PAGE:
Drama abounded on Chicago Fire Season 2 Episode 14, with Kelly looking for answers and revenge, Dawson taking her final academy test,and Boden making a big decision about his love life.
There's nothing better than watching Kelly on a mission. He's a big teddy bear, but once you're in his crosshairs it's all over.
Which is exactly what happend to Keeler's goons as Kelly made he way up the chain of command to find Katie. Unfortunately, for both Kelly and Otis, Katie had been beaten and raped.
It was a tragic end to her character's arc, but also understandable that she wanted to change her surroundings by moving to Colorado. Additionally, it's another loss of a family member for Kelly, as Otis ends up losing out on a relationship that was just beginning.
The end cap of such a tragic tale is not for Keeler to go to prison, but instead released since he has his hooks in criminals higher up the food chain. If Kelly holds restraint, I give him major credit. I'll also give him major adulation if he goes to strangle Keeler too; Keeler is just scum.
Dawson, for all of her attempts at passing, fell just short of the time after she helped Jones, hurting her foot in the final leg of the test. Jones' story and upbringing is sad, that female firefighters should only serve male firefighters, but that's still no reason to cheat. It only deepens bias and lessens the accomplishment.
Dawson is working hard to pass on her own merit, and it's good to see that Jones' father didn't pull any strings for her. I would rather Dawson continue her conflict with Jones as well.
The dichotomy it sets up between two firefighting worlds offers a new perspective on the job: the old, family business of firefighting with Jones - who will do whatever it takes to get in - and Dawson, who is resourceful, smart and working to get in on her own hard work.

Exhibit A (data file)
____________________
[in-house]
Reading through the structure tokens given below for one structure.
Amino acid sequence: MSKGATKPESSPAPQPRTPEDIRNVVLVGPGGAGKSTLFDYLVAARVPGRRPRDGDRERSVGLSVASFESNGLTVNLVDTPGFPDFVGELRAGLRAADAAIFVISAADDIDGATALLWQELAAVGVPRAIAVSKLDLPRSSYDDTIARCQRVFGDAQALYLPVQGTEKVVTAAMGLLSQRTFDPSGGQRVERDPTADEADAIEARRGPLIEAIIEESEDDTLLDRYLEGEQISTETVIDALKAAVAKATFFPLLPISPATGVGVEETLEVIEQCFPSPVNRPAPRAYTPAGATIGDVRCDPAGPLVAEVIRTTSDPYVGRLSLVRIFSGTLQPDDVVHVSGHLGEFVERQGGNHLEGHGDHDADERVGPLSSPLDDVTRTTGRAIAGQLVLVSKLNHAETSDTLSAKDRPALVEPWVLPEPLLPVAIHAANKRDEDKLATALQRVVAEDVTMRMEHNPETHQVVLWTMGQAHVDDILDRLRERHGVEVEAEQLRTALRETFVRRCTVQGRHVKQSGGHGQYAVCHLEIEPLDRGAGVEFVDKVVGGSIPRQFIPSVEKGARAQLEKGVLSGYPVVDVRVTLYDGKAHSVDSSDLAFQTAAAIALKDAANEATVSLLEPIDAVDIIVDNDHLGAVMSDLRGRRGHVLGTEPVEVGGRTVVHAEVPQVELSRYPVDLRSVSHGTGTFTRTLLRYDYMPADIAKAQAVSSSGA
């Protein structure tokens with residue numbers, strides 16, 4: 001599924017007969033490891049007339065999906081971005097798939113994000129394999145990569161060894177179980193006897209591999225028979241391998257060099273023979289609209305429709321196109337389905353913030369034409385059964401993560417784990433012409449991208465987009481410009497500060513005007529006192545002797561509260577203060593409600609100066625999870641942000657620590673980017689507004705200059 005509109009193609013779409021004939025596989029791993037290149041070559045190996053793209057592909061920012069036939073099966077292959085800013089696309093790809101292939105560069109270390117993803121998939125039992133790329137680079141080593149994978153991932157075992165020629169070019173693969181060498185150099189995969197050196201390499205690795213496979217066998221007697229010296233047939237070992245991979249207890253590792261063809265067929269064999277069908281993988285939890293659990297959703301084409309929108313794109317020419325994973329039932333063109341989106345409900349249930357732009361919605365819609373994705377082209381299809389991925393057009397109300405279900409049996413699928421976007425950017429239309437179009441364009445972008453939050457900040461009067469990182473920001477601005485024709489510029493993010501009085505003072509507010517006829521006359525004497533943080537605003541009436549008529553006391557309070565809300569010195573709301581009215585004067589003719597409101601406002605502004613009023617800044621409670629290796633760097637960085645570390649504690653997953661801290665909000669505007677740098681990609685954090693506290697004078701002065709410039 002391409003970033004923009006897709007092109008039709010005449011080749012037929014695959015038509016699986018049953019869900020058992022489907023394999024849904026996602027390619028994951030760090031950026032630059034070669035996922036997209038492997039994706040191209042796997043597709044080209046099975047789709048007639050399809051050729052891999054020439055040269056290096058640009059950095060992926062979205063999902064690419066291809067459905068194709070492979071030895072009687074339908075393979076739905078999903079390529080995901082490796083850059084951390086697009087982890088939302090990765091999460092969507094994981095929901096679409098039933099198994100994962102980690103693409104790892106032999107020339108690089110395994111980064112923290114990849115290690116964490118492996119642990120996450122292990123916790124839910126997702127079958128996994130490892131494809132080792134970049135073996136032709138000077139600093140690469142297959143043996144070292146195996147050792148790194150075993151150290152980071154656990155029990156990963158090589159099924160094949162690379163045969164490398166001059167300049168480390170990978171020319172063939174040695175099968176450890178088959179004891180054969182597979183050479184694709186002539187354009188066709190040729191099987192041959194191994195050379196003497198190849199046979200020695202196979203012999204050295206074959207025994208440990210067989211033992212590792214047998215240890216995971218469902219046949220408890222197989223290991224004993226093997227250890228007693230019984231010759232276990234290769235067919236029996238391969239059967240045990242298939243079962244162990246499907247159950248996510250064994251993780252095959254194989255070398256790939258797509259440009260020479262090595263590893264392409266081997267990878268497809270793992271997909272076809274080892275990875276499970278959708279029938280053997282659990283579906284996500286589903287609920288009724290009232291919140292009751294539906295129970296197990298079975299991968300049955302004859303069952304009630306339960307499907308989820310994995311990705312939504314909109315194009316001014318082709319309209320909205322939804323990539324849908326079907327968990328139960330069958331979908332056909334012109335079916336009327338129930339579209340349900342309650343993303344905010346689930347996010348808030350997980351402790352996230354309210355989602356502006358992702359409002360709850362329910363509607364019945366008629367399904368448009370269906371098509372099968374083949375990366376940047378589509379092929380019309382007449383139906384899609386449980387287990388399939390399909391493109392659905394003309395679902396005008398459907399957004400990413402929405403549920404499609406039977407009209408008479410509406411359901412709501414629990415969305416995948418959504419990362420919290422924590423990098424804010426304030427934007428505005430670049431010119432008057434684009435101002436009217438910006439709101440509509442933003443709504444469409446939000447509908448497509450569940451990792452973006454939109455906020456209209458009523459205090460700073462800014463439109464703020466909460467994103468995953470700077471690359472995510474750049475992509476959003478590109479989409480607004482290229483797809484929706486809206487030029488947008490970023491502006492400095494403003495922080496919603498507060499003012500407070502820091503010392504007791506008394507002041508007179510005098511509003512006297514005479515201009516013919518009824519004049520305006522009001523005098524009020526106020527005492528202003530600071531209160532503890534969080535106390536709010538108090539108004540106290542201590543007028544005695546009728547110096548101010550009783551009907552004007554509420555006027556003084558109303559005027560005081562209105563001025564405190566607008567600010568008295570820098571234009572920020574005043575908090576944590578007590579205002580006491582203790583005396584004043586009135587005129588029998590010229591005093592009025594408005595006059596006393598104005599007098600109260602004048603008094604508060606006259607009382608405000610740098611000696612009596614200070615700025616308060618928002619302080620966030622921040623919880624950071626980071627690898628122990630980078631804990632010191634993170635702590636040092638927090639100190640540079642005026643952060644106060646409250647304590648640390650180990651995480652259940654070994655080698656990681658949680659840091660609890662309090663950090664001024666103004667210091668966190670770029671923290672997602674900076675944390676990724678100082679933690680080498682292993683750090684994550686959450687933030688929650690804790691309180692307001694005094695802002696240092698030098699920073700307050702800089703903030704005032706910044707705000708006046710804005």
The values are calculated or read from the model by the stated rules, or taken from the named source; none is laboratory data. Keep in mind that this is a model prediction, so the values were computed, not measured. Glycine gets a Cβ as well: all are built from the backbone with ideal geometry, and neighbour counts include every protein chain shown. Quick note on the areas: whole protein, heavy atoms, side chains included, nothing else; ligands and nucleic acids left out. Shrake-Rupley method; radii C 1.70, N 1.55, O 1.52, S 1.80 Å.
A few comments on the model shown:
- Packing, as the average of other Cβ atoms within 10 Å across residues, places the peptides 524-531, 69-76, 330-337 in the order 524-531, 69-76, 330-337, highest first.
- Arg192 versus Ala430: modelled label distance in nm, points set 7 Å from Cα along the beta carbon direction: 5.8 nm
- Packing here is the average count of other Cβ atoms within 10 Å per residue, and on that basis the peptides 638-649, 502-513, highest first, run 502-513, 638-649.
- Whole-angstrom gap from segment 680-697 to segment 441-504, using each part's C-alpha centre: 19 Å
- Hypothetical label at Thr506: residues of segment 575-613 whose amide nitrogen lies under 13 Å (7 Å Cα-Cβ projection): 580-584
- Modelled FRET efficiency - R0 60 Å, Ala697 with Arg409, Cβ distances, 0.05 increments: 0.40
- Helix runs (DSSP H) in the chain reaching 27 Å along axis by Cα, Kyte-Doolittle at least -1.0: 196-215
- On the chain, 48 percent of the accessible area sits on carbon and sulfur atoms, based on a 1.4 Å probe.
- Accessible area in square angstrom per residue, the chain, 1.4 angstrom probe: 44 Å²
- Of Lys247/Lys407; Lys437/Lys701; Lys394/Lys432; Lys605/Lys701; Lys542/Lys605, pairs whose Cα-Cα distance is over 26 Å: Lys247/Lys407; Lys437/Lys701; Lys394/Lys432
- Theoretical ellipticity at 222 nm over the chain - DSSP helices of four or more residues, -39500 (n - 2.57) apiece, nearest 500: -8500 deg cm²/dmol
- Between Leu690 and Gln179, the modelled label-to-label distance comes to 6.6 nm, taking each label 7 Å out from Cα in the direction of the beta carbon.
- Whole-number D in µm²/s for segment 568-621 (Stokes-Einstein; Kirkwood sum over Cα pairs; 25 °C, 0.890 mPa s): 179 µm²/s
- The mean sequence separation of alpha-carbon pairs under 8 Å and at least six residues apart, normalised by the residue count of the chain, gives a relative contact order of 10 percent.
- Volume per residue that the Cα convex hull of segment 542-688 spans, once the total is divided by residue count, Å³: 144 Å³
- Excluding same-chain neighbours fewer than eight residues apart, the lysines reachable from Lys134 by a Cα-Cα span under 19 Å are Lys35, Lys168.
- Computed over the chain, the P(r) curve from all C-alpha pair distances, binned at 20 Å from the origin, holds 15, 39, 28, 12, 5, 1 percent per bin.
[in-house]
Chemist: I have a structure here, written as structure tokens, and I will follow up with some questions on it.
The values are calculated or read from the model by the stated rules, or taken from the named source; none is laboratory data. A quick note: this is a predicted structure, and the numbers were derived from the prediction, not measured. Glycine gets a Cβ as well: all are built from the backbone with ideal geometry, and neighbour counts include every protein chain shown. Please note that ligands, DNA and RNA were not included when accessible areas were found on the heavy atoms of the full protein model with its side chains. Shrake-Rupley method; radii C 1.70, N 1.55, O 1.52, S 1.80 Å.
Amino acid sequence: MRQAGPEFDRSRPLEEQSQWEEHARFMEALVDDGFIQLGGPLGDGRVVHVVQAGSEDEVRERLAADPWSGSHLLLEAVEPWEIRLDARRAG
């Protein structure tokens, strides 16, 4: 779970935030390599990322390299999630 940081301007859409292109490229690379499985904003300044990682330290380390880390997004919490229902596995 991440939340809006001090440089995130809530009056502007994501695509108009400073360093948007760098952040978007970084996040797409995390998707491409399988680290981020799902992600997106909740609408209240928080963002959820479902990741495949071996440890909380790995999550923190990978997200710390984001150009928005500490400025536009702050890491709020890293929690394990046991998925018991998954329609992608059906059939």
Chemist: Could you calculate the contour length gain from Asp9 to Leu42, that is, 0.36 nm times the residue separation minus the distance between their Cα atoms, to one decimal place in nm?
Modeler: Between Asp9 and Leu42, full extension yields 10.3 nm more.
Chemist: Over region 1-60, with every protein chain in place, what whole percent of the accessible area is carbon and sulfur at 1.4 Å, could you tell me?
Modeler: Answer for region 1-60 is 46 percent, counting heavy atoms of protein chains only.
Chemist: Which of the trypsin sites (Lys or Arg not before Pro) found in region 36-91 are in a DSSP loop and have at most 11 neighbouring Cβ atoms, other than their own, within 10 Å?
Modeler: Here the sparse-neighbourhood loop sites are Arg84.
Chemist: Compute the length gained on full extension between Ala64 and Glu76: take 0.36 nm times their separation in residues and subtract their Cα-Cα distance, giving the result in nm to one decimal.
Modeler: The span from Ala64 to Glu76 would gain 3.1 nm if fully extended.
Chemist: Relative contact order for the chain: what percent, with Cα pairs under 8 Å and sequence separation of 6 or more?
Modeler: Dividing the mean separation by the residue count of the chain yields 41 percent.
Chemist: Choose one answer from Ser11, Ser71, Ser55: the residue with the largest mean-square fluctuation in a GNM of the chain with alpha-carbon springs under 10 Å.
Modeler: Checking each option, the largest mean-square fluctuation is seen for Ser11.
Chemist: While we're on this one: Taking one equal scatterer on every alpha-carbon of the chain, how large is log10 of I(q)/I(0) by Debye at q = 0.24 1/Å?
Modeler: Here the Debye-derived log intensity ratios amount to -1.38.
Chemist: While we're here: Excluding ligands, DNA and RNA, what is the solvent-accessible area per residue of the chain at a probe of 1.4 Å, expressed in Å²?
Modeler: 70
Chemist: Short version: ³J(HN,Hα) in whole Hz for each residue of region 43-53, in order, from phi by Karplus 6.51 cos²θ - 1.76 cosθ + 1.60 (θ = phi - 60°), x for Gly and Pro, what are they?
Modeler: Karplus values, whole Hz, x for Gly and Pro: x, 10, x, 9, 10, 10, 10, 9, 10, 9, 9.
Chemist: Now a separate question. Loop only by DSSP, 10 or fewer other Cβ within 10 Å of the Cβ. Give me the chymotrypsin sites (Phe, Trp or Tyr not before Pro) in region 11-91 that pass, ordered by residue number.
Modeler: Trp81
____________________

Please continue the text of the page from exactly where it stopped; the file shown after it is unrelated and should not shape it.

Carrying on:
At least Casey has finally told Dawson what's up. The little scare the doctor put in him might have finally lifted his haze of thinking he's perfectly all right. It's still not a perfect explanation for his personality changes at times, but it's a definite start.
Hopefully, Dawson will give Casey a piece of her mind when she's had time to process exactly what he's told her; it's good she told him that what they have is deeper that the job.
While Casey and Dawson are still on relatively stable relationship waters, Boden decides it is time to break things off with Donna after having a few good first dates with her. Boden's position, while I don't like it, is respectable.
It fits his character to be chivalrous to a fault and it, ironically, shows how much he's learned from his previous marriages. He's willing to break things off with Donna because he recognizes his own pattern of romancing women, yet not being able to keep that relationship strong through time.
Maybe Boden will repeat the mistakes of his past, but I tend to agree with Donna: let her decide.
Will Jones have what it takes to make it all the way?
Nick McHatton is a TV Fanatic Staff Writer. Follow him on Twitter.Tags: Chicago Fire, Reviews
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